When I was an undergraduate at SUNY Albany, I remember late nights and early mornings spent happily peering into a microscope. I was fortunate enough to work in the incredible laboratory of Dr. Suzannah Bliss Tieman, who studied neural visual development. Her enthusiasm for her work was infectious and it ignited my then small curiosity in vision into a lifelong passion for learning all I could on the subject.



Under her direction, I examined cross sections of the brain and measured angiogenesis, or blood vessel growth. Using a special computer aided drawing program that was superimposed with the image I was seeing in the oculars of my microscope, I could trace the length of the blood vessels in that slice of brain tissue and calculate their length. I was measuring blood vessels in the specific area of the brain that interprets vision. We were proving that when an eye was deprived of all visual information during its critical period of development, the neural connections in that ‘vision center’ of the brain would also be decreased and underdeveloped. If this part of the brain is underdeveloped, then you may not see as clearly or at as high a resolution as the average person can. You can think of it as the brain not enabling your eyes to see the world with the proper number of “pixels.”



Definition of Amblyopia

 

 

 

A decrease in the best corrected vision, usually in one eye, due to a “disturbance in retinal image formation” (source 1) during the critical period or during the “first ten years of human life.”



The formation of Amblyopia



When your brain and your eyes are first developing, neural connections are formed. These connections will help our brain to interpret what our eyes are seeing as well as the level of detail that they can see. If something reduces the amount of information that the eyes can take in (for example if the eye is aimed off center from where it should be looking), it lessens how much the brain can interpret and decreases the overall number of neural connections in the brain. When the visual areas of the brain are not utilized to their potential, the overall output of the brain is diminished. In other words, if something stops you from seeing great detail when your brain and your eyes are going through their critical period of development, the neural connections that you need in order to achieve good, clear vision may be reduced permanently.* You may not end up seeing 20/20 vision. The good news is, there are, of course, exceptions.

The brain has high plasticity, its “wiring” can be changed, particularly when you are young.*If you ‘exercise’ the eye as directed by your eye doctor, you can strengthen these connections and improve the resolution of your vision. Most doctors say these connections have the best opportunity to be strengthened before about eight years of age. However, there is a chance to improve your best potential vision and re-wire the brain even into your adult years but it would require more time and more intensive therapies.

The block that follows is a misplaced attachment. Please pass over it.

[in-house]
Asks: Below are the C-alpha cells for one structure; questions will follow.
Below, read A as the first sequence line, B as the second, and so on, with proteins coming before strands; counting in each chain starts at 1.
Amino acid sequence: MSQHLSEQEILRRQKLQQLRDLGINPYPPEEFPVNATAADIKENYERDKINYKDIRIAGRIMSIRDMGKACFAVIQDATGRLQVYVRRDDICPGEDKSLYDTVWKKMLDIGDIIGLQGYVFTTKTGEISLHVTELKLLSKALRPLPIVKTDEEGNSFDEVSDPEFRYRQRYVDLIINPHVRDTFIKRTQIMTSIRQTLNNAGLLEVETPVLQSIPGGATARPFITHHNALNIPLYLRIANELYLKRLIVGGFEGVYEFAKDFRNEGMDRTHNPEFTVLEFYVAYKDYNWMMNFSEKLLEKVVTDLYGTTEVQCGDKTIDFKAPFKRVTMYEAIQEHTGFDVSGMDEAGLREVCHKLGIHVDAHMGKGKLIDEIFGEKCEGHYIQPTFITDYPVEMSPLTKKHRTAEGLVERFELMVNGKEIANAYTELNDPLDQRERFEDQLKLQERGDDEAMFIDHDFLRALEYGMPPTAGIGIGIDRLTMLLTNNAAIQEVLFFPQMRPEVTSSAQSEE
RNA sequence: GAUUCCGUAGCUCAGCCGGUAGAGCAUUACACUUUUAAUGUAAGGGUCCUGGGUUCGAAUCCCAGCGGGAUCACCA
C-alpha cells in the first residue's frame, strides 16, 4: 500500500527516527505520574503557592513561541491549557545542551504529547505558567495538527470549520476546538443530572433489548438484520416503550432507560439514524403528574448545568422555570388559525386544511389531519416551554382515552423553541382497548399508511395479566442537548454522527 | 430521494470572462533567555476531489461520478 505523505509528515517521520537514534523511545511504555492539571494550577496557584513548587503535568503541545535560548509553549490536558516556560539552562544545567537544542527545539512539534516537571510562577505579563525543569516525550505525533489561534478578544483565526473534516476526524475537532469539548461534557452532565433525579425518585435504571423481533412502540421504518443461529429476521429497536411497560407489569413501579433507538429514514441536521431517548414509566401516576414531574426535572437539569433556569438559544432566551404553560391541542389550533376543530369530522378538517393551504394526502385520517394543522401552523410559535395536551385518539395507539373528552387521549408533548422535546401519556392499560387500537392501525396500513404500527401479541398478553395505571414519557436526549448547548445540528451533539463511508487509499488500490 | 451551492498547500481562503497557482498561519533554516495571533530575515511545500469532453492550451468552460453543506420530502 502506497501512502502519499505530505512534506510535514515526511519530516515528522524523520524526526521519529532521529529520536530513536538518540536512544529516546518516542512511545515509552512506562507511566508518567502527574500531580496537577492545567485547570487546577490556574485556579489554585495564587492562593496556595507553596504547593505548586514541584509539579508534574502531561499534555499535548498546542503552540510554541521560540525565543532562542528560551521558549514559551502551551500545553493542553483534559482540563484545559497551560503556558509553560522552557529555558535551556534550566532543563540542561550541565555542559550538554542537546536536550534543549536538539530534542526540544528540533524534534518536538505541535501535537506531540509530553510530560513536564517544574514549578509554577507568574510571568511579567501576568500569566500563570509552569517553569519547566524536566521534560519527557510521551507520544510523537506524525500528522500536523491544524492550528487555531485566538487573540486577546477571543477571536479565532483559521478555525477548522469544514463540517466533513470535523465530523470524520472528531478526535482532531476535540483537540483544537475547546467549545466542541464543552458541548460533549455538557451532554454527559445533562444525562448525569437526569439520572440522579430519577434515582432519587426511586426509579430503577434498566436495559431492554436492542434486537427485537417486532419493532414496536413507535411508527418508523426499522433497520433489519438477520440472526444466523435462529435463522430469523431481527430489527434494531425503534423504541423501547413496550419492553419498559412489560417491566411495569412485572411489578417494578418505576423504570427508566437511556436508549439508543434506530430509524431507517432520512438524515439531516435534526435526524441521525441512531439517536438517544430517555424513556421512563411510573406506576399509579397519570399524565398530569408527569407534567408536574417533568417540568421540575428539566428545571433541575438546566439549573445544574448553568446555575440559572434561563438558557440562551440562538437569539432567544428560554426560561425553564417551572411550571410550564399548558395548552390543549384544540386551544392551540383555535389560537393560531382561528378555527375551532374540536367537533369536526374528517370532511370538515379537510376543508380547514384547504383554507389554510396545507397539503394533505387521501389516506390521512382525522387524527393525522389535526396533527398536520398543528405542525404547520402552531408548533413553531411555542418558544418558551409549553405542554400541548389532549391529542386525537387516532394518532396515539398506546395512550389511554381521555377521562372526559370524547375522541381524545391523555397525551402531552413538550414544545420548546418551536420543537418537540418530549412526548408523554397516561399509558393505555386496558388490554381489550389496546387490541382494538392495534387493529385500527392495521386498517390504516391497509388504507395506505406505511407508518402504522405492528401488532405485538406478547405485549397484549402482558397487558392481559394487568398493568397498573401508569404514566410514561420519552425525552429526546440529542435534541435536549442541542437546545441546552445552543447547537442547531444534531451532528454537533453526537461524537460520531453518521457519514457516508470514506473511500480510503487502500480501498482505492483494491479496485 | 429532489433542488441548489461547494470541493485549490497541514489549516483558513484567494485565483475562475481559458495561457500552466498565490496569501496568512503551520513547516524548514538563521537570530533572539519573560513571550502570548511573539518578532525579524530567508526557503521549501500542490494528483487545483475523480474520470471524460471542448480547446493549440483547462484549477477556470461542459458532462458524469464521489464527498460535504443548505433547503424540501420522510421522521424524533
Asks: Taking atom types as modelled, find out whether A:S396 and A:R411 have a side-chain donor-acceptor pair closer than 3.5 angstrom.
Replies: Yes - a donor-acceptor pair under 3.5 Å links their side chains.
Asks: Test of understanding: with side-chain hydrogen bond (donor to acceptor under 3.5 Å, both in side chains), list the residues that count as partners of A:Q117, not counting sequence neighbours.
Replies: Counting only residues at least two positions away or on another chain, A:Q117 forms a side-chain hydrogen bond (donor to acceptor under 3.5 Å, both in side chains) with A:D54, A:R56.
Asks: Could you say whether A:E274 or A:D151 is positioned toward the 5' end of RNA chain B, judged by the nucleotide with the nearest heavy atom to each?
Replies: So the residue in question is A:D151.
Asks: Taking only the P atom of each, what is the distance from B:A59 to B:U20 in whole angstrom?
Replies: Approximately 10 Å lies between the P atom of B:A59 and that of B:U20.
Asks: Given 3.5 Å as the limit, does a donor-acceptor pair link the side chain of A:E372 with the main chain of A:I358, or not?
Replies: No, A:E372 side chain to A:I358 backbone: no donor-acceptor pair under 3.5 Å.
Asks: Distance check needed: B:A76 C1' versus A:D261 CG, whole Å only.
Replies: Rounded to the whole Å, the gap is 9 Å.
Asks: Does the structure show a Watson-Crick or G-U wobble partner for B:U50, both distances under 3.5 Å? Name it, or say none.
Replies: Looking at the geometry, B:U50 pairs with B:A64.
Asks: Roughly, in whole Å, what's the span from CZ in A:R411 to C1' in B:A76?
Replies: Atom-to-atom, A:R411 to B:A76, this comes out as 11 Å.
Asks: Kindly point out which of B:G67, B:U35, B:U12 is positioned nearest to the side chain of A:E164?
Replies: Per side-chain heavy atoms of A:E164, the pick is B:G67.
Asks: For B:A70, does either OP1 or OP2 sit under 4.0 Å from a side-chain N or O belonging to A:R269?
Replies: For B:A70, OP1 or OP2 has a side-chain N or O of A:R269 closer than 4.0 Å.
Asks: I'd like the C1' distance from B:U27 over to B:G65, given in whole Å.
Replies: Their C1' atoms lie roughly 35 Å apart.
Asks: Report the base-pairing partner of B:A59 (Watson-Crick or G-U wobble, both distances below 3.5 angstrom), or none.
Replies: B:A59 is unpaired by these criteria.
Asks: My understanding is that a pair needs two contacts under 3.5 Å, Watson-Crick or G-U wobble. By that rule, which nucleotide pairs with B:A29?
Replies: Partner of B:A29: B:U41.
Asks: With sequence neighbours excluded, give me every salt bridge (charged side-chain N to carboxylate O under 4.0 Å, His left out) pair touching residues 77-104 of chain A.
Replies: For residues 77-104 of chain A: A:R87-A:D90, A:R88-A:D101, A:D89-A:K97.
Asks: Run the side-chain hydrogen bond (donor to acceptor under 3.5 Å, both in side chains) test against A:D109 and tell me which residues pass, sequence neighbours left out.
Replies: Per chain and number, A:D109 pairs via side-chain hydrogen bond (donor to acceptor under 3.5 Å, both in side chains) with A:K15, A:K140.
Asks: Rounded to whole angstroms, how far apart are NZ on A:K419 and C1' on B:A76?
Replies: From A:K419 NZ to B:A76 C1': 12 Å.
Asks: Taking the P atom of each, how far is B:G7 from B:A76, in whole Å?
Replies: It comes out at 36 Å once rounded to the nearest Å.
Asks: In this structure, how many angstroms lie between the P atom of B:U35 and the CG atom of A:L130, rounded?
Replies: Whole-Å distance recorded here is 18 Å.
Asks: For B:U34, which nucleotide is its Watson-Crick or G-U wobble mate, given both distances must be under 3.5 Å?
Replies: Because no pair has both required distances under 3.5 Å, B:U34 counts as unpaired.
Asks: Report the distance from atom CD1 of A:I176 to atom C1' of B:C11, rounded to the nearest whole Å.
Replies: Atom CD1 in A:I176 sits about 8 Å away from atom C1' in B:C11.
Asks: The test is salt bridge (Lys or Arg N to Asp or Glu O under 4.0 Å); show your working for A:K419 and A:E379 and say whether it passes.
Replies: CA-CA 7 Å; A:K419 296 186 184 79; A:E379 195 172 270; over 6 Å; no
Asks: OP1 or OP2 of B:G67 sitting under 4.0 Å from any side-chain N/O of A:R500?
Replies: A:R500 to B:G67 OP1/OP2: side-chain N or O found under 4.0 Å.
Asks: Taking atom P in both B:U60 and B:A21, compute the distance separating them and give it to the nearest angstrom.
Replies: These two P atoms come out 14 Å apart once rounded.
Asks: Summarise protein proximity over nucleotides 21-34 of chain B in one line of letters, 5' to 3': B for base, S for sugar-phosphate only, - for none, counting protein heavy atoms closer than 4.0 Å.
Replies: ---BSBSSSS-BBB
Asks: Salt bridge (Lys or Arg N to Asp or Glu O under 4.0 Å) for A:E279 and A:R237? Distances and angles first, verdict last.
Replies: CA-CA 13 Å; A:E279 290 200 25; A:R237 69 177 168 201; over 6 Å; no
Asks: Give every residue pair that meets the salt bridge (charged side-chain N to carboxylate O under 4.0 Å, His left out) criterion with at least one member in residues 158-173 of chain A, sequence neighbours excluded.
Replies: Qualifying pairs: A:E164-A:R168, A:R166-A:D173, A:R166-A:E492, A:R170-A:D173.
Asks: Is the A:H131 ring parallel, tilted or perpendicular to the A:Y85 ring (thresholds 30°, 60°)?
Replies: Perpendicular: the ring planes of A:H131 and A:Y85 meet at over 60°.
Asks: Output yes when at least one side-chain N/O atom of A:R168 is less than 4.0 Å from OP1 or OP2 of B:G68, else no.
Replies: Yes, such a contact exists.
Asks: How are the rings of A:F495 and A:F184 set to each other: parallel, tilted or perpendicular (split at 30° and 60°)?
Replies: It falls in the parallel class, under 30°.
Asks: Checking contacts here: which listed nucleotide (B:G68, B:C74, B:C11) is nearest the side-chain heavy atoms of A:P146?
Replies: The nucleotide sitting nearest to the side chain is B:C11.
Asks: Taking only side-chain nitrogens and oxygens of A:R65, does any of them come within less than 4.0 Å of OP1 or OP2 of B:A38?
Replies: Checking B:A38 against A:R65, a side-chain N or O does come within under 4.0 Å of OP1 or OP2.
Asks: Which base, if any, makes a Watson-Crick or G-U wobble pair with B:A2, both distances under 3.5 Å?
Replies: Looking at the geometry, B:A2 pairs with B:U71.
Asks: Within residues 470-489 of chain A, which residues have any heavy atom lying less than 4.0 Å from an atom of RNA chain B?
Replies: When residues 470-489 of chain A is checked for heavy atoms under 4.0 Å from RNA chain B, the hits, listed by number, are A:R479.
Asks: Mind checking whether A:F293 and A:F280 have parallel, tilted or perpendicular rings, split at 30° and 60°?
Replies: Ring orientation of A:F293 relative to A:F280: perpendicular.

Causes and Treatments


There are different causes for amblyopia, some examples are listed below:

  • strabismus (an eye turn)
  • when one eye has a large amount of uncorrected refractive error (nearsight, farsight or astigmatism) compared to the other eye (blurred input from one eye).
  • a medical condition such as a cataract (blocked/blurred input from one eye)

Treatments for amblyopia include eliminating the cause of the amblyopia and also, strengthening the weaker of the two eyes. Strenghtening the amblyopic eye can be achieved by blocking the sight in the good eye through patching the good eye for a period of time each day or by giving eyedrops such as atropine that temporarily blur only the good eye. This essentially forces the amblyopic eye to seek more visual information, to really pay attention to what it is looking at so it can re-wire and add some new neural connections to the visual area of the brain, making your best potential vision better!

Concluding Thoughts


The brain is an amazing structure. The way it directs and choreographs our body and its development, is even more amazing. To learn more about amblyopia you can click here, and don’t forget to visit your eye doctor. They are happy to answer all of your questions.

Epicanthal folds of an infant or a turned eye, let your eye doctor make the call!

 

If you are a parent, consider bringing your baby into a participating INFANT SEE doctor and receive a eye exam within their first year of life at no charge. Also, any time you are suspicious of problem with your child’s vision or eyes including a possible eye turn or if one or both eyes are not seeing as well as you think they should, bring your child to the eye doctor immediately. As a mother and a doctor I would advise you to, it is always a good thing to have your suspicions checked out. Keep in mind that the younger a patient is when diagnosed with amblyopia, the faster treatment can start and the better their vision will be for life! When in doubt, get it checked out!